Right now, jacarandas are blooming throughout Mexico City, shedding their lavender petals like confetti. Plenty of sunshine means perfect weather for strolling through one of many outdoor markets or enjoying a meal at any number of fondas (food counters or stalls) found in every neighborhood. The Federal District has always been a culinary mecca; the rest of the world is only becoming more aware of it over the past few years. And, while you could easily leave satisfied after devouring your weight in tacos and other street snacks, there are certain restaurants that must not be missed. Here’s a short list of some of our favorites.
Chef Enrique Olvera, who made waves in New York after opening Cosme this fall, kick-started his culinary career with the opening of Pujol nearly 15 years ago. Mere mention of the restaurant today causes locals’ eyes to widen in reverence — and for good reason. Pujol’s humble beginnings are the stuff of fairy tales. At the age of 24, Olvera scraped together enough money to start the restaurant — in fact, his modern, minimalist design was originally out of necessity — but, before long, Polanco grew into the Federal District’s most cosmopolitan neighborhood and Olvera was drawing attention from across the globe for his artful, inventive take on Mexican gastronomy. Many of those experiments have now become Pujol classics, such as his elote con mayonesa de hormiga chicatana, café y chile costeña (husked baby corn smoked inside a gourd with powdered chicatana ants, coffee and costeña chile mayonnaise) or his mole madre (an unpredictable dish made with three rare Oaxacan chiles — black, red and yellow chilhuacles — that have been fermenting for more than a year). A trip to Mexico City requires experiencing a meal at Pujol.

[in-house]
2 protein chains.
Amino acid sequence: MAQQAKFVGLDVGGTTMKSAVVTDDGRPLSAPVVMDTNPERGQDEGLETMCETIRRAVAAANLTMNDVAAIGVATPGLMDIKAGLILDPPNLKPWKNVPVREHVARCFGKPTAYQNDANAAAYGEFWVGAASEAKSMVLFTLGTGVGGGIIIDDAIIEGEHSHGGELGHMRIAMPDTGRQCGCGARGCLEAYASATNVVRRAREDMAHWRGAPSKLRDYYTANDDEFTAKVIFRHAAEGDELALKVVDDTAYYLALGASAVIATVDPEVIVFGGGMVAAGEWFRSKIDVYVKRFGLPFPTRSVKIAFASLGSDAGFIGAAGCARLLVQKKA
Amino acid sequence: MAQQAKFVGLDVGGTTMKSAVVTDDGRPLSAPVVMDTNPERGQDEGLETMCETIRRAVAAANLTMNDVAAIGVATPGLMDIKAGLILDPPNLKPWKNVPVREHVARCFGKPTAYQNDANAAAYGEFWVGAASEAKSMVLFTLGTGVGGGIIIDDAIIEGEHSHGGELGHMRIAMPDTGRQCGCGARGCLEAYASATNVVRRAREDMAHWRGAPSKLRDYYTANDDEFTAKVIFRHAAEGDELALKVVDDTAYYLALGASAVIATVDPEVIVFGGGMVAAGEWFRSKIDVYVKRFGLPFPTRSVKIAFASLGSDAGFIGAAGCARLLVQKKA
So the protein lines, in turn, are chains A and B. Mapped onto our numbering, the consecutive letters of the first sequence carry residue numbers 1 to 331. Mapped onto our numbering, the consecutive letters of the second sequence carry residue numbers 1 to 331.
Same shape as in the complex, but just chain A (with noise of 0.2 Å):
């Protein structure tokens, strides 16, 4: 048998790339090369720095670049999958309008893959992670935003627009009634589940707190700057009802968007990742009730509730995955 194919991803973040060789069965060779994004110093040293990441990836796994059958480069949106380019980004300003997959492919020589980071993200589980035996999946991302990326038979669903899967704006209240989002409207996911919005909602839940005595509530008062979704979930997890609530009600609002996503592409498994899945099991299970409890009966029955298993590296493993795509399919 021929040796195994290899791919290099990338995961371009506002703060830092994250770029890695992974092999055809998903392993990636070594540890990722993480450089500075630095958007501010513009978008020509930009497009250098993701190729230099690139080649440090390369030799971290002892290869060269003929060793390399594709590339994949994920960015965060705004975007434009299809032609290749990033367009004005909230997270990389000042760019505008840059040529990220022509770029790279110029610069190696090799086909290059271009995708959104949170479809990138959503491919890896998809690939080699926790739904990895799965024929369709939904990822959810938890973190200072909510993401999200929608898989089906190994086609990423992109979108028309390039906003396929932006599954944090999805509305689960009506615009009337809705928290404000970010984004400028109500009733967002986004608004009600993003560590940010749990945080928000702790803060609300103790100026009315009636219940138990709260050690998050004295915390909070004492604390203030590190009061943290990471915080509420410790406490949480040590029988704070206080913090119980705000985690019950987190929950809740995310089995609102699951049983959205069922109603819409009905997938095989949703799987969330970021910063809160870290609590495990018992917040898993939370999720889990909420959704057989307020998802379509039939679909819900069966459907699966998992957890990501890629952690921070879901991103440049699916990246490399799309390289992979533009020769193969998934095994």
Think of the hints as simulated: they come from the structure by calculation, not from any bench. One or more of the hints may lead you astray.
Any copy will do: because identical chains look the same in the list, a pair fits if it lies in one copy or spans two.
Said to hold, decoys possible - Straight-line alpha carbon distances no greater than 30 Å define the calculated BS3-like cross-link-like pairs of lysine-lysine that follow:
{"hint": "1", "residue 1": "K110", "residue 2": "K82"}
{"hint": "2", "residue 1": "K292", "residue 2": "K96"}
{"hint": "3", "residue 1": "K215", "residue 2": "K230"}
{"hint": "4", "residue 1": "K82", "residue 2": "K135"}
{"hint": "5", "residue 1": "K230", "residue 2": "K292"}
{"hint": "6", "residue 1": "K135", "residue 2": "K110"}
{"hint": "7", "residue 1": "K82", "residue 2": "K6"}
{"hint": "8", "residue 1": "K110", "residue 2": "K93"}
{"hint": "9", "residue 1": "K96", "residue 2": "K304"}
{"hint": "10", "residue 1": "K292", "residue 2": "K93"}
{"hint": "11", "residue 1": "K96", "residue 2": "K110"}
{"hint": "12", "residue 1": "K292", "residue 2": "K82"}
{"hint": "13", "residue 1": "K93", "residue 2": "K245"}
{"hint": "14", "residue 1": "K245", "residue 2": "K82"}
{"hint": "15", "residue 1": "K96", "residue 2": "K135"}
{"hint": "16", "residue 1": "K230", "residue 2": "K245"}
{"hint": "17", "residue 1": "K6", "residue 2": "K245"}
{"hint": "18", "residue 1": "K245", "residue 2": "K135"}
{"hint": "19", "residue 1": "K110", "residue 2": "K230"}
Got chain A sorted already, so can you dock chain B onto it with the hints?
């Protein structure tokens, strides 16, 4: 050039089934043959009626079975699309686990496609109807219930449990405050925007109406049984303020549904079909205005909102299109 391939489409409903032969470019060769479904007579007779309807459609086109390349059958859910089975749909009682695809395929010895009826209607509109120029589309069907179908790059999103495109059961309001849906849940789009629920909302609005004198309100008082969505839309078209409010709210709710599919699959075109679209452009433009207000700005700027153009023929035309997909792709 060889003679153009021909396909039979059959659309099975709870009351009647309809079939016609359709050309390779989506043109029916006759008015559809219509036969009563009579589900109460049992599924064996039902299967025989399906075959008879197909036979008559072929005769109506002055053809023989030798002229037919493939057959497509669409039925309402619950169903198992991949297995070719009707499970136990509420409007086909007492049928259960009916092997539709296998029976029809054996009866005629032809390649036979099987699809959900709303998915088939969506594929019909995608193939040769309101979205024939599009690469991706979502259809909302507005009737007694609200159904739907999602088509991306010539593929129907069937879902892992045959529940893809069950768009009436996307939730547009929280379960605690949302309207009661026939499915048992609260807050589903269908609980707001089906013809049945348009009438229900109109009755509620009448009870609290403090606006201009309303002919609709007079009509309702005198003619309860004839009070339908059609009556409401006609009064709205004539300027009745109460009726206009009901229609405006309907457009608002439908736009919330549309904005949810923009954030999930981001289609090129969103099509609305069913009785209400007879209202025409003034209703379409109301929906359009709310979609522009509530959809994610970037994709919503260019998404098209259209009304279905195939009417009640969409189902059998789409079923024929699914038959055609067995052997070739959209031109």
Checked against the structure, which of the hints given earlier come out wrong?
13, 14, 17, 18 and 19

Also in posh Polanco is the Forbes Travel Guide Recommended Las Alcobas, a design-savvy boutique hotel located on Presidente Masaryk Avenue, a street that has been compared to Milan’s Via Monte Napoleone or Rodeo Drive in Beverly Hills. At the bottom of the grand winding staircase is the entrance to Anatol, the hotel’s farm-to-table restaurant led by chef Justin Ermini, who brings with him experience working with Wolfgang Puck, Jean-Georges Vongerichten, the late Charlie Trotter and more. While the diverse menu includes selections ranging from veal scallopini to corned beef and chicken schnitzel, Ermini’s takes on classic Mexican dishes are the standouts. His black bean soup is like no other. He begins by toasting chilhuacle negro and pasilla chiles in duck fat before adding black beans from Chiapas, chicken stock and seasonal vegetables. Once blended to a silken consistency, it is topped with smoked foie gras, tomato seeds and cilantro gremolata. Stuffed squash blossoms are given a fun twist when stuffed with three cheeses (goat, cow and sheep) and prepared tempura-style, then drizzled with cascarillo honey and served with a grilled lemon. Fill up a bit too much at dinner? The guest rooms at Las Alcobas are just a few steps away and feature cloud-like mattresses, multihead rain showers and jetted soaking tubs with handmade soap butler service.
Head to Contramar in Colonia Roma Norte for some of the freshest, choicest seafood in town — but do make reservations, or get there very early, because the place is only open for lunch and fills up quickly each day. The dining room is bright and breezy with pops of blue, harkening a seaside restaurant in the middle of the city. However, white tablecloths and bow-tie-donning servers hint at the price point and quality of service. Favorites include the atùn (tuna), served on tostadas or as sashimi over a Mexican sauce; seasoned fish “al pastor” tacos; pulpo a la brasa (grilled octopus); and pescado contramar (whole grilled, butterflied fish, rubbed with cilantro sauce and red chile adobo). Be sure to save room for dessert because the place is lauded for its sweets, particularly the plate of towering strawberries and meringue.